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Joint and Mutual Wills
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Home / Making a Will / Creating your Will / Joint and Mutual Wills

What is a joint will?

A joint will is a will made by two or more “testators” (the persons who make the will) contained in a single document. The law treats a joint will as being two or more separate wills. When the first of the testators die the joint will is admitted to probate as if it is the will of the testator who has died. When the second testator dies the will is admitted to probate as if it is the will of that testator, if no fresh will has been made since the joint will was made.

Joint wills are very rarely used.

What is a mutual will?

Mutual wills are wills where two or more testators make separate wills or make a joint will and in doing so agree to confer on each other reciprocal benefits or agree to confer benefits on the same beneficiaries.

For wills to be treated as mutual wills there has to be an express agreement between the two testators that both wills will be irrevocable and will remain unaltered. Normally such an agreement will be incorporated into the wills of each testator. However, it can be contained in a separate document or even made orally (if the agreement does not affect land).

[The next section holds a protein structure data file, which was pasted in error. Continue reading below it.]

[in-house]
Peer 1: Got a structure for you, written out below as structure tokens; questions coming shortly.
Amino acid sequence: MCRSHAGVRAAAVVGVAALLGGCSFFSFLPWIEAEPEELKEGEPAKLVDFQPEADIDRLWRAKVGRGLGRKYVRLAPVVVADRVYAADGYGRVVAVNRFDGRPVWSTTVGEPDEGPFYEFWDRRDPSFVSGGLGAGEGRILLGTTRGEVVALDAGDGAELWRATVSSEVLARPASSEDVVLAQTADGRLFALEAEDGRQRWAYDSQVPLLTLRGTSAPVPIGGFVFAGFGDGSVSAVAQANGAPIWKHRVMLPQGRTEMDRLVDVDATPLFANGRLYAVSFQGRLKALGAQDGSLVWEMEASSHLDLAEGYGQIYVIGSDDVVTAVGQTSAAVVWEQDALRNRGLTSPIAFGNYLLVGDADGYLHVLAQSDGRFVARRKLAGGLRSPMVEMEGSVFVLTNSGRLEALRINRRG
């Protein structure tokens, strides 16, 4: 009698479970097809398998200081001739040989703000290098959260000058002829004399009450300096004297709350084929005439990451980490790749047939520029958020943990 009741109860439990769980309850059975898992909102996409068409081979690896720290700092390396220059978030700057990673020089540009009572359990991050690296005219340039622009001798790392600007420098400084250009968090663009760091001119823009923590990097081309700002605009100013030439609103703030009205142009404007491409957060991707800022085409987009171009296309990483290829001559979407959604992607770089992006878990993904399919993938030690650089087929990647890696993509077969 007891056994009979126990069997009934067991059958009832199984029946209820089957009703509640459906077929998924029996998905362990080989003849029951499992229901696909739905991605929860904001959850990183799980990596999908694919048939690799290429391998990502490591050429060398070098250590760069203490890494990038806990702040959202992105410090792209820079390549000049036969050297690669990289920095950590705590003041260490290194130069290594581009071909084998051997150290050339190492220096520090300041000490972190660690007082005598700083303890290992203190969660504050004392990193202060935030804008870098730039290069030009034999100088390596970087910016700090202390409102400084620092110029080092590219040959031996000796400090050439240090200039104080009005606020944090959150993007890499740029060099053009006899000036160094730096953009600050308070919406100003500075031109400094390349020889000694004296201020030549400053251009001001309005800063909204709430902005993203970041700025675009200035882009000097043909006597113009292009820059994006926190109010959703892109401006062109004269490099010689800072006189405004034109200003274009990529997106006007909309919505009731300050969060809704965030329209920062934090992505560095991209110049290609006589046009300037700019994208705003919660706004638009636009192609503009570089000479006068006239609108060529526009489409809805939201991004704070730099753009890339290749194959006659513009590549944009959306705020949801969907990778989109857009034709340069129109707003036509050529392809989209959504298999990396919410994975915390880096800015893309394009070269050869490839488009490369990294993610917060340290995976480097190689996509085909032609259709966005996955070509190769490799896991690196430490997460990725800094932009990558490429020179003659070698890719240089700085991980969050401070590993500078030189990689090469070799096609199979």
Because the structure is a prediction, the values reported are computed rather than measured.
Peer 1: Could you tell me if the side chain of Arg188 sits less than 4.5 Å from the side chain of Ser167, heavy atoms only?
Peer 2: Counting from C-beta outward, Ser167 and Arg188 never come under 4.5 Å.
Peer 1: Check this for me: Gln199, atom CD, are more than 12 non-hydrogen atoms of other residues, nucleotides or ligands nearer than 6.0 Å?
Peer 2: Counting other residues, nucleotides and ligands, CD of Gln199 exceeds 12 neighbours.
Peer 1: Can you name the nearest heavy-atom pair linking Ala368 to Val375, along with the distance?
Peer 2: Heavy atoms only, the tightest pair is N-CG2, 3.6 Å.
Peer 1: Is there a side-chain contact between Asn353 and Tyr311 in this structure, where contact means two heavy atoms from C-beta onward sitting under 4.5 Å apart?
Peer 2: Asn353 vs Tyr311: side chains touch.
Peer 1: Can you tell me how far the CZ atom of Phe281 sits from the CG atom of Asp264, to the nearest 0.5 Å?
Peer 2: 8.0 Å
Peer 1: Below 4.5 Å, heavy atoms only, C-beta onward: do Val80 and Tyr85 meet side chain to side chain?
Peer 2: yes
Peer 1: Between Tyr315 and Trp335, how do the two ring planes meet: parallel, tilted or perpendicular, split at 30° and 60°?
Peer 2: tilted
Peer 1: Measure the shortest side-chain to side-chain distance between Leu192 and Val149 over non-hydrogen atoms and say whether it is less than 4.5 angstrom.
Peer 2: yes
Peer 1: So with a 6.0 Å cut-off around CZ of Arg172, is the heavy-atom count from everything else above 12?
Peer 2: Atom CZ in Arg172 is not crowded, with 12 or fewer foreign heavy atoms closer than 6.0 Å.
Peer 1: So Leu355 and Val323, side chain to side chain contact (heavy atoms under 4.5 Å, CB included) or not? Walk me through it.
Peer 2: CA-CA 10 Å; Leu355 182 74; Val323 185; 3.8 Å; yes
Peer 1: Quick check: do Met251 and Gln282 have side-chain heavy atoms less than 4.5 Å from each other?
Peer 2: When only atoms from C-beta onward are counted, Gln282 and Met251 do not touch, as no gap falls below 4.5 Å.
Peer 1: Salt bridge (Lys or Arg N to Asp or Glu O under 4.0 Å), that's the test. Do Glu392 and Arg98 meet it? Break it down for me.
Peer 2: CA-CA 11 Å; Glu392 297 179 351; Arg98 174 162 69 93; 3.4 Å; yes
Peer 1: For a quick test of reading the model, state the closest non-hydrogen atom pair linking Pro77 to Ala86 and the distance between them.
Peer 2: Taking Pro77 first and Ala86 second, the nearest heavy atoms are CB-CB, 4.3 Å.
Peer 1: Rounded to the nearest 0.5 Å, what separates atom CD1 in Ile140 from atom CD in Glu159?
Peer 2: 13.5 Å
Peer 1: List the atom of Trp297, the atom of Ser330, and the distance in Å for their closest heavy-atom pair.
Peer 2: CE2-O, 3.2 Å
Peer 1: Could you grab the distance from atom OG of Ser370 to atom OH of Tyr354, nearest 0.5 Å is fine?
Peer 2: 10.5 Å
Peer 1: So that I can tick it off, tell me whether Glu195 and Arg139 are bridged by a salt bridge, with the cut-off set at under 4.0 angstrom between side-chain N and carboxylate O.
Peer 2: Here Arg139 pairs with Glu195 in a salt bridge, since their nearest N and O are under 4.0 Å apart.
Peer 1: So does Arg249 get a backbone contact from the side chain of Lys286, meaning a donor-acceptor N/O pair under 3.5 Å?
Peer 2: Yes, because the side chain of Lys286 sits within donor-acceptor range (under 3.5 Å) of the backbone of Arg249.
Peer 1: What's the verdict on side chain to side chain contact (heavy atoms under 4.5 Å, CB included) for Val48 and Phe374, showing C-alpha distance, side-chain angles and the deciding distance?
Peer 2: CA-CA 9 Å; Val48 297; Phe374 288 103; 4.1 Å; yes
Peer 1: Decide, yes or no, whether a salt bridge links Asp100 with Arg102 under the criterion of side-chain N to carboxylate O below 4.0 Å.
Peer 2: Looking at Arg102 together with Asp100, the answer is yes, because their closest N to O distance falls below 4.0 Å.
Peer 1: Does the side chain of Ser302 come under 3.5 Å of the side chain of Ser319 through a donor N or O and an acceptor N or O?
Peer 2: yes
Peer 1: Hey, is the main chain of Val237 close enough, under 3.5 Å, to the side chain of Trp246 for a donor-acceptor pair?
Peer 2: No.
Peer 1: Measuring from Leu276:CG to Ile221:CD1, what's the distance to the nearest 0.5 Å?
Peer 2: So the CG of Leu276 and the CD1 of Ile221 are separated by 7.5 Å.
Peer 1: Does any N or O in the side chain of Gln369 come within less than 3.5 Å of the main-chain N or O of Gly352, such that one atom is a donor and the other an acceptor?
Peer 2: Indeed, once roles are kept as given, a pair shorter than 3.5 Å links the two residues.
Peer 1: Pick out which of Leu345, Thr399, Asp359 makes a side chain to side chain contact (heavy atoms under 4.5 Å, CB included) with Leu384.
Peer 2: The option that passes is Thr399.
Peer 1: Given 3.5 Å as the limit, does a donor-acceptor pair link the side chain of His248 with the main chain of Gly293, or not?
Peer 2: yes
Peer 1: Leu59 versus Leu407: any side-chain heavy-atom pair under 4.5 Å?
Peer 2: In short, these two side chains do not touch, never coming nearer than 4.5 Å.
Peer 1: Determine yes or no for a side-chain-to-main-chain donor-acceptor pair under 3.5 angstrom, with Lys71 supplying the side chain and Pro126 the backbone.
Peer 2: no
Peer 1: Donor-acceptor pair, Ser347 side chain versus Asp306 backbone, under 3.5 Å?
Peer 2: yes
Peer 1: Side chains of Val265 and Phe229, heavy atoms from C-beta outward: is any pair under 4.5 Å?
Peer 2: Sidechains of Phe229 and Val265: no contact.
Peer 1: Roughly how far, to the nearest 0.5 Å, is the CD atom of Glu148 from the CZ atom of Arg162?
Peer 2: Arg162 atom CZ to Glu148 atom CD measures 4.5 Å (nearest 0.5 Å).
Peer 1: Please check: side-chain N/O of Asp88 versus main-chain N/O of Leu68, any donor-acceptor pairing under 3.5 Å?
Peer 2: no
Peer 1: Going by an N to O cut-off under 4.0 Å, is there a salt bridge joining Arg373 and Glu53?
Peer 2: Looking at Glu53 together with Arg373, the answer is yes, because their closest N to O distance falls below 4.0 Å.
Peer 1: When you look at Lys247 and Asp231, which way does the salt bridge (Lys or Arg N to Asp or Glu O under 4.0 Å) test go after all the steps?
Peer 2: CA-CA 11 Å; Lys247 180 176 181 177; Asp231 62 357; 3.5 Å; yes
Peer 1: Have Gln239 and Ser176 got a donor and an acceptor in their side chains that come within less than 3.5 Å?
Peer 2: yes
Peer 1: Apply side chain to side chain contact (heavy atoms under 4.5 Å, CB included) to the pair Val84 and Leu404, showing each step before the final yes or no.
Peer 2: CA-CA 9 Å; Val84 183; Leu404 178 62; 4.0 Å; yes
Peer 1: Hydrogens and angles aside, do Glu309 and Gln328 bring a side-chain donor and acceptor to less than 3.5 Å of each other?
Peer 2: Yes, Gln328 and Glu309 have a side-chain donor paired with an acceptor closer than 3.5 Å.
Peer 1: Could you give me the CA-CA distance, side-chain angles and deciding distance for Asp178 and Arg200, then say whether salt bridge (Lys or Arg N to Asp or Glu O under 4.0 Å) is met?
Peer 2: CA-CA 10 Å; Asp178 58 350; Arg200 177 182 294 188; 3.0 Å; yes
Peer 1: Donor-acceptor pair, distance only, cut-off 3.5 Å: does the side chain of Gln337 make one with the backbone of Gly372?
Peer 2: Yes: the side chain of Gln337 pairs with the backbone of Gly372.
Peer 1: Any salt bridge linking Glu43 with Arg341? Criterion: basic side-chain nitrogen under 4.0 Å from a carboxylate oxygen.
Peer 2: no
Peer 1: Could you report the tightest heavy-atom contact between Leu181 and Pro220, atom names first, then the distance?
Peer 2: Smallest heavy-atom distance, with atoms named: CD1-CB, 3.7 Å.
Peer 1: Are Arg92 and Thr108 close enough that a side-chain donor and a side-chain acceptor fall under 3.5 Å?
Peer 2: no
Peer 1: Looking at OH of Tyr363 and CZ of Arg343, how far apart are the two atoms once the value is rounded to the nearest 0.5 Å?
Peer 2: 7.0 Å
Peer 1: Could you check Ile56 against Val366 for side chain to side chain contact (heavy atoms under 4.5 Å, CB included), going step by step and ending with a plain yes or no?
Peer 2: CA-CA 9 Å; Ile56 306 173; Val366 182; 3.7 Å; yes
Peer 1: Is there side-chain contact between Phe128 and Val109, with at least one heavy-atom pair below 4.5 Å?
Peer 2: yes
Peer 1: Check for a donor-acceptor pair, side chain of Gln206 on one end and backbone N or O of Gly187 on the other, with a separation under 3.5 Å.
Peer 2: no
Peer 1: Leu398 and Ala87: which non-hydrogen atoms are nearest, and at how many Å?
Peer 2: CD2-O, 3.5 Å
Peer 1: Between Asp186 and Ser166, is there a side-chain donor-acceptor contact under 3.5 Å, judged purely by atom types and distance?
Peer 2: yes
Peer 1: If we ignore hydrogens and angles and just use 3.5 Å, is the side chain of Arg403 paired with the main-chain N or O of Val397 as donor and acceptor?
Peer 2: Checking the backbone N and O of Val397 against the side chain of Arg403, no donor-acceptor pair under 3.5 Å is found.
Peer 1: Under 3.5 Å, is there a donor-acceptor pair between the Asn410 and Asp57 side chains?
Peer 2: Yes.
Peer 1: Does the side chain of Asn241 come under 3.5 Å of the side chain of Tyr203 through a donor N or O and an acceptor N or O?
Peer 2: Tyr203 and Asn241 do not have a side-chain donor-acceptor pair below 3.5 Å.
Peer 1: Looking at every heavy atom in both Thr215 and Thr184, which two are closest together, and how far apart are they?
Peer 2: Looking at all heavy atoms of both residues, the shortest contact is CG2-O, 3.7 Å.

What is the effect of a mutual will?

Where mutual wills are made if one of the testators dies and the deceased testator stood by the agreement the surviving testator(s) will hold the property and assets of the deceased testator in “trust”. If the surviving testator(s) fails to perform their part of the agreement, for example if they revoke or alter their own will, the surviving testator(s) commits fraud and if an application were to be made to Court, the Court is likely to refuse to give effect to such revocation or alteration.

If the deceased testator did not stand by the agreement, for example if he or she revoked or altered his or her will before their death then the surviving testator is not bound by the agreement and is, therefore, free to revoke or alter his or her own will.

Mutual wills can have the effect of restricting the freedom of a surviving testator to effectively deal with both his or her own property and/ or the property inherited from the deceased testator. Problems can also occur if one of the testators remarries after making a mutual will as the mutual will will probably remain valid. For these reasons many legal advisers do not recommend mutual wills.

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Single Will or Mirror Wills?

If you are a couple and wish to leave all your assets to each other then you could save money by making  Mirror Wills. You can also use Mirror Wills if you whish to leave your estate to the same beneficiaries. 
If you wish to leave different legacies, appoint different executors or you would like to specify individual funeral wishes then you will need to make two Single Wills.
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